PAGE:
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Word Butter: Remembering a life well lived - and the giggles
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This week, I celebrate my birthday. I’m (places hand tactfully over mouth as I speak) years old.

I was thinking the other day about what birthdays used to mean. When I was a kid, it was all about the presents. Forget the cake and ice cream. I didn’t even care about the little friends at my party. I just wanted to see what was underneath all the sparkly wrapping paper.

I was a selfish little booger, wasn’t I?

In my teen years, it became even more about the presents, which became more and more expensive.

I remember on my 16th, my mother arranged a party during a youth retreat I was on. In front of everyone, she gave me a ring – but not the diamond cluster ring I had asked for. She gave me an onion ring with a note attached. It read:“Due to financial embarrassment, this is the only ring we could get.”

I’m still living that one down.

Once I reached adulthood, I realized that birthdays are not about the presents. It’s about the presence – my presence in the lives of those I care about, and making sure that presence counts for something.

It’s also about the presence of those I allow into my life, and the influence they have. I’m picky about these people. I choose very carefully.

One such person passed one year ago this week – my uncle, Ned Conner. He was 83, and was married to one of my mother’s sisters, Julia.

Uncle Ned was one of those special characters that just got to your core. He was a simple and small man, but he had a big personality. When he was up to something, his eyes twinkled.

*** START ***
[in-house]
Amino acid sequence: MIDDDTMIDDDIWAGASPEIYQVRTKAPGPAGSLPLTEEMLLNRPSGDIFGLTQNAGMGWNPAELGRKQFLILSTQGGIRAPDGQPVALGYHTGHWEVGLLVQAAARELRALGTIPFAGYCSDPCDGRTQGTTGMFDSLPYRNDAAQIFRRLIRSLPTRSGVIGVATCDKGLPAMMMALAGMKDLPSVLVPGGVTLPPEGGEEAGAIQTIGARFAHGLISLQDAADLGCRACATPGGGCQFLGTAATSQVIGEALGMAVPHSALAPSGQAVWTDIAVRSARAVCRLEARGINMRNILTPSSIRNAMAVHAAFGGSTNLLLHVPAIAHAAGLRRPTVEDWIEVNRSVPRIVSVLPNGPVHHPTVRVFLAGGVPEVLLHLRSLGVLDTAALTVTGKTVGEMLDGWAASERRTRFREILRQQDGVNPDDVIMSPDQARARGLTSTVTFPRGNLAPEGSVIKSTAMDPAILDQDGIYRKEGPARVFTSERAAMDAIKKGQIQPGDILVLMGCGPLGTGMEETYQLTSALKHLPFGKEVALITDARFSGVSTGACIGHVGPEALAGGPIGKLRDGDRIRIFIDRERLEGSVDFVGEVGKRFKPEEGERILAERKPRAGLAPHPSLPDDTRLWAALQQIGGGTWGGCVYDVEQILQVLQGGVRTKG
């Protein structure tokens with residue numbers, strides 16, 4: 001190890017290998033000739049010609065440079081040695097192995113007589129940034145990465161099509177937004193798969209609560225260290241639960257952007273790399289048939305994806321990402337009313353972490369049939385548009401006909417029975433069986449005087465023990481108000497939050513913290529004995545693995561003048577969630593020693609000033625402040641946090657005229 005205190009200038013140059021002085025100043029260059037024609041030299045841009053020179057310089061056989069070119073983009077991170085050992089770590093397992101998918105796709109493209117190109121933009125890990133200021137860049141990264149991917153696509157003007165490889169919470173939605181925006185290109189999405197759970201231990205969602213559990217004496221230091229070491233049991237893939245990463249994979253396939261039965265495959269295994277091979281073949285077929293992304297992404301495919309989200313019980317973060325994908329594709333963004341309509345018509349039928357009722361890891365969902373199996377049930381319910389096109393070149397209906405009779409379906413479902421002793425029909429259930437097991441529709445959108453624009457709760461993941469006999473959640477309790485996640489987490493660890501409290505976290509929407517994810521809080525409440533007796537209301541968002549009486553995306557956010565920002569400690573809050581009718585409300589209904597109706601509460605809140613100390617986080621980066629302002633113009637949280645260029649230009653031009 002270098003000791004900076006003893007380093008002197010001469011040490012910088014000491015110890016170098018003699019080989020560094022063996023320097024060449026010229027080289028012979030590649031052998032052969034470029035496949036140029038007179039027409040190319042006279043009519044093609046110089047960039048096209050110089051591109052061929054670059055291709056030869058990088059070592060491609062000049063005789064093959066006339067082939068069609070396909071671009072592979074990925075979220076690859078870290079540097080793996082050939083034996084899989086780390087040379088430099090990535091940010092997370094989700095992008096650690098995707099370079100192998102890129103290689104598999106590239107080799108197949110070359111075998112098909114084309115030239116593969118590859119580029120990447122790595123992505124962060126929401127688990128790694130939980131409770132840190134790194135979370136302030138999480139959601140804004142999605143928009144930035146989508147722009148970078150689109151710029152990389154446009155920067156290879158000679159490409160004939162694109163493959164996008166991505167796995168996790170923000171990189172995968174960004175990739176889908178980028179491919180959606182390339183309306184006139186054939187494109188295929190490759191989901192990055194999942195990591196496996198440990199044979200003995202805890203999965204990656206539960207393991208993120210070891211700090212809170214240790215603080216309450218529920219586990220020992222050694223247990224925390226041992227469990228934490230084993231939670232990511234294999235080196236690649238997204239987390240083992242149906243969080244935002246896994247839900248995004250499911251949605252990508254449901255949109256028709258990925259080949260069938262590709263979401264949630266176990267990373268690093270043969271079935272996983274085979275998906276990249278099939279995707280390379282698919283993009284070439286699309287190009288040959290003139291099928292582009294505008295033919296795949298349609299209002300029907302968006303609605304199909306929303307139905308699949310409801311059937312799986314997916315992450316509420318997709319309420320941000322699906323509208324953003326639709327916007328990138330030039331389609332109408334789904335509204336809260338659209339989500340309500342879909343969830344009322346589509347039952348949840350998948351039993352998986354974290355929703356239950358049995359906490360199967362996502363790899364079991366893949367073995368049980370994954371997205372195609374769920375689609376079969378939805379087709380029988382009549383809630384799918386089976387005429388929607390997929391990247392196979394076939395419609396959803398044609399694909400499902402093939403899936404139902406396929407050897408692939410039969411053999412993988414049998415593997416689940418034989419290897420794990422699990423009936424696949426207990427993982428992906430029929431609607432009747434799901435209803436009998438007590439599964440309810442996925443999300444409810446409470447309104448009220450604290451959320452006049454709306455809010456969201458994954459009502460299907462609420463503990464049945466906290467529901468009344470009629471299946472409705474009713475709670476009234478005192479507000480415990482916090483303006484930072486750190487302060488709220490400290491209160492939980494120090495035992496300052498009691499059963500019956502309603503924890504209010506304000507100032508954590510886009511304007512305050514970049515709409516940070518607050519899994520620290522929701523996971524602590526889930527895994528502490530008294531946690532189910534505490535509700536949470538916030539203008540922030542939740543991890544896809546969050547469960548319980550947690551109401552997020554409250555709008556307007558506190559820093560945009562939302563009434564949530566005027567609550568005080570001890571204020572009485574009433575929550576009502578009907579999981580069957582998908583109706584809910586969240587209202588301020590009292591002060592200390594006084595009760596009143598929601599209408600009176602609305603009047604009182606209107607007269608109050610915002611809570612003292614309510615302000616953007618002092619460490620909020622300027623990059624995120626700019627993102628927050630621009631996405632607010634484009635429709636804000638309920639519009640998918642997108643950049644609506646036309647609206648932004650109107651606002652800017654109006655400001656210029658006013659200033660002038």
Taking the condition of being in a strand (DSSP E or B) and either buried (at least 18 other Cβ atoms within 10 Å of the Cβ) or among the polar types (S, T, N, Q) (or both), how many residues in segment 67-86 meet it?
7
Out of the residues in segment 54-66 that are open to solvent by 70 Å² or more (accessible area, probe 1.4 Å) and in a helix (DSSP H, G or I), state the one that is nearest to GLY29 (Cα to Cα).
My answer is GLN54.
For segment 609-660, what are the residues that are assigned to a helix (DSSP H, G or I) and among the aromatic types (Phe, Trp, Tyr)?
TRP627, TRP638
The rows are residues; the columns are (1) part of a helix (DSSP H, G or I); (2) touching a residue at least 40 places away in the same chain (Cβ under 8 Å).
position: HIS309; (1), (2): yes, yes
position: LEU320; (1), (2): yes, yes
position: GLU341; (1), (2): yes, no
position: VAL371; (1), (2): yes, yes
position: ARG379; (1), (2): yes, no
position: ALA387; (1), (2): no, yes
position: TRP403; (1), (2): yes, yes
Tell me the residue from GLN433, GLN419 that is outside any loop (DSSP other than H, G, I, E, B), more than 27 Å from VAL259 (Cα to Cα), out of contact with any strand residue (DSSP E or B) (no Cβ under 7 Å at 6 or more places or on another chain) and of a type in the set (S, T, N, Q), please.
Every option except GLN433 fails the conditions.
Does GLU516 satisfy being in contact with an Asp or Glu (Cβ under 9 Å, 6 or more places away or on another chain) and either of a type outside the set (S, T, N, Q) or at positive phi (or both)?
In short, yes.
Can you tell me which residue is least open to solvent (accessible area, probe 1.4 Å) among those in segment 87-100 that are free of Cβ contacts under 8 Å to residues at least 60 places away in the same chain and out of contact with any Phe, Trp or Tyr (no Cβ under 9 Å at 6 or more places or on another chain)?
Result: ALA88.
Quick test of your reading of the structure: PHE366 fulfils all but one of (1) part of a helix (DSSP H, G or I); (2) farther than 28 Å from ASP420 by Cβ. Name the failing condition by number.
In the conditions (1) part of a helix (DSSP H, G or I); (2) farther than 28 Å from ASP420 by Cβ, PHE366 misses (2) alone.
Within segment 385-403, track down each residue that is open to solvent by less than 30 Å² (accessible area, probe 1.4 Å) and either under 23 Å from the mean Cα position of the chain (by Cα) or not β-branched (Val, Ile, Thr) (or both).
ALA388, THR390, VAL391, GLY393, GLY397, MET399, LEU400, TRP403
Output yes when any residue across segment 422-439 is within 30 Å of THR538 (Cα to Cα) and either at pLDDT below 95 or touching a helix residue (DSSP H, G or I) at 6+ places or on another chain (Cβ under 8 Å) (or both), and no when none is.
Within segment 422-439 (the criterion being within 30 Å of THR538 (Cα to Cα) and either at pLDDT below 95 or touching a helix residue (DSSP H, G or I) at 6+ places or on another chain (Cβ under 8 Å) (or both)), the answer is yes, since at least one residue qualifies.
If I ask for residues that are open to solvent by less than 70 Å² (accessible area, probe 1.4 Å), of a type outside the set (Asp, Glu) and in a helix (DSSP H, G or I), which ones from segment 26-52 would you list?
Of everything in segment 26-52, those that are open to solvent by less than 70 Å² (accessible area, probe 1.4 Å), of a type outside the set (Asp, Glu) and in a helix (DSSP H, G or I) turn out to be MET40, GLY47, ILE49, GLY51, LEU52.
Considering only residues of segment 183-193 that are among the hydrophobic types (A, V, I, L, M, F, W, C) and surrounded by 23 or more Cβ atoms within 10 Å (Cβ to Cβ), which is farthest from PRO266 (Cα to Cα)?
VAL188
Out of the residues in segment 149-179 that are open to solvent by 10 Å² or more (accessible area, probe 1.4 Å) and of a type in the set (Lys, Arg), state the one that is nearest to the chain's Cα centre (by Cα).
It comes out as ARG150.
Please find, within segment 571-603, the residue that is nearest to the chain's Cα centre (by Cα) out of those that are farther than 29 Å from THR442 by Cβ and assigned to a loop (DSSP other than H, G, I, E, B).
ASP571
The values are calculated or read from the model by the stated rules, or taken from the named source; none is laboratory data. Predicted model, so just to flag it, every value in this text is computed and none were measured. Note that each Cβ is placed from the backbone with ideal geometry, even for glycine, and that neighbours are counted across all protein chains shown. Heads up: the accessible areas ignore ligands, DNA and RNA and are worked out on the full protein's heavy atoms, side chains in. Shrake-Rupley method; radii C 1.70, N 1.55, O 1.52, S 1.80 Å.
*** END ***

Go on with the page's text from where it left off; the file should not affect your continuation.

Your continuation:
I remember those eyes. Isaw them up close a lot whenI was very young. Uncle Ned wore dentures, and he loved to poke them out at me to make me laugh.

Heck, he was still doing it the last time I saw him.

Our families had, at one time, a campsite that we shared. We spent lots of time there each summer, fishing, hanging out and eating lots of the fish we caught, including catfish stew, courtesy of Uncle Ned. He was also our breakfast captain.

On one particular morning, my brother, Greg, and I awoke to hear Uncle Ned singing the oldie, “Me and Mrs. Jones.” We could tell from the sound of his voice that he didn’t have his teeth in.

We crawled to the window of the camper and looked out, and there was Uncle Ned in all his glory. He was wearing a T-shirt and boxer shorts, and was barefoot. Without a tooth in his head, he was swaying and singing while stirring a cast iron frying pan full of scrambled eggs.

That image still makes me giggle. But not as much as my favorite photo of him.

There’s a picture that my mom has of Uncle Ned in our kitchen, holding his hands up to his chest. The photo makes it clear that he has something under his shirt that gives the illusion that he has breasts. And he’s grinning from ear to ear.

I can just hear him laughing every time Ilook at that photo.

When my Granny died, Uncle Ned was the one that made me forget my sorrow for a while. Not by anything he said or did directly to me, but by watching him with the little kids in the family. I was 17 when she died.

After her funeral, I heard Uncle Ned talking to some of the younger kids at the cemetery, and I looked around for him. I found him, down in the dirt, in his suit, playing with the kids. He had every one of them giggling and, well, filthy.

It made me forget the pain of losing my Granny for a few precious moments. I loved him for that.

I didn’t get to tell him how much he meant to me. I didn’t get to tell him that I loved his laugh or that twinkle in his eye. I didn’t get to tell him how much I loved how much he loved my aunt, and his children.

I didn’t get to tell him how much I appreciated him being there for us when we were little, and didn’t have a father figure around.

So Uncle Ned, thank you everything. Thank you for helping me, my mom and my brother laugh at a time when there was precious little in our lives to laugh about.

I sure will miss that rascal.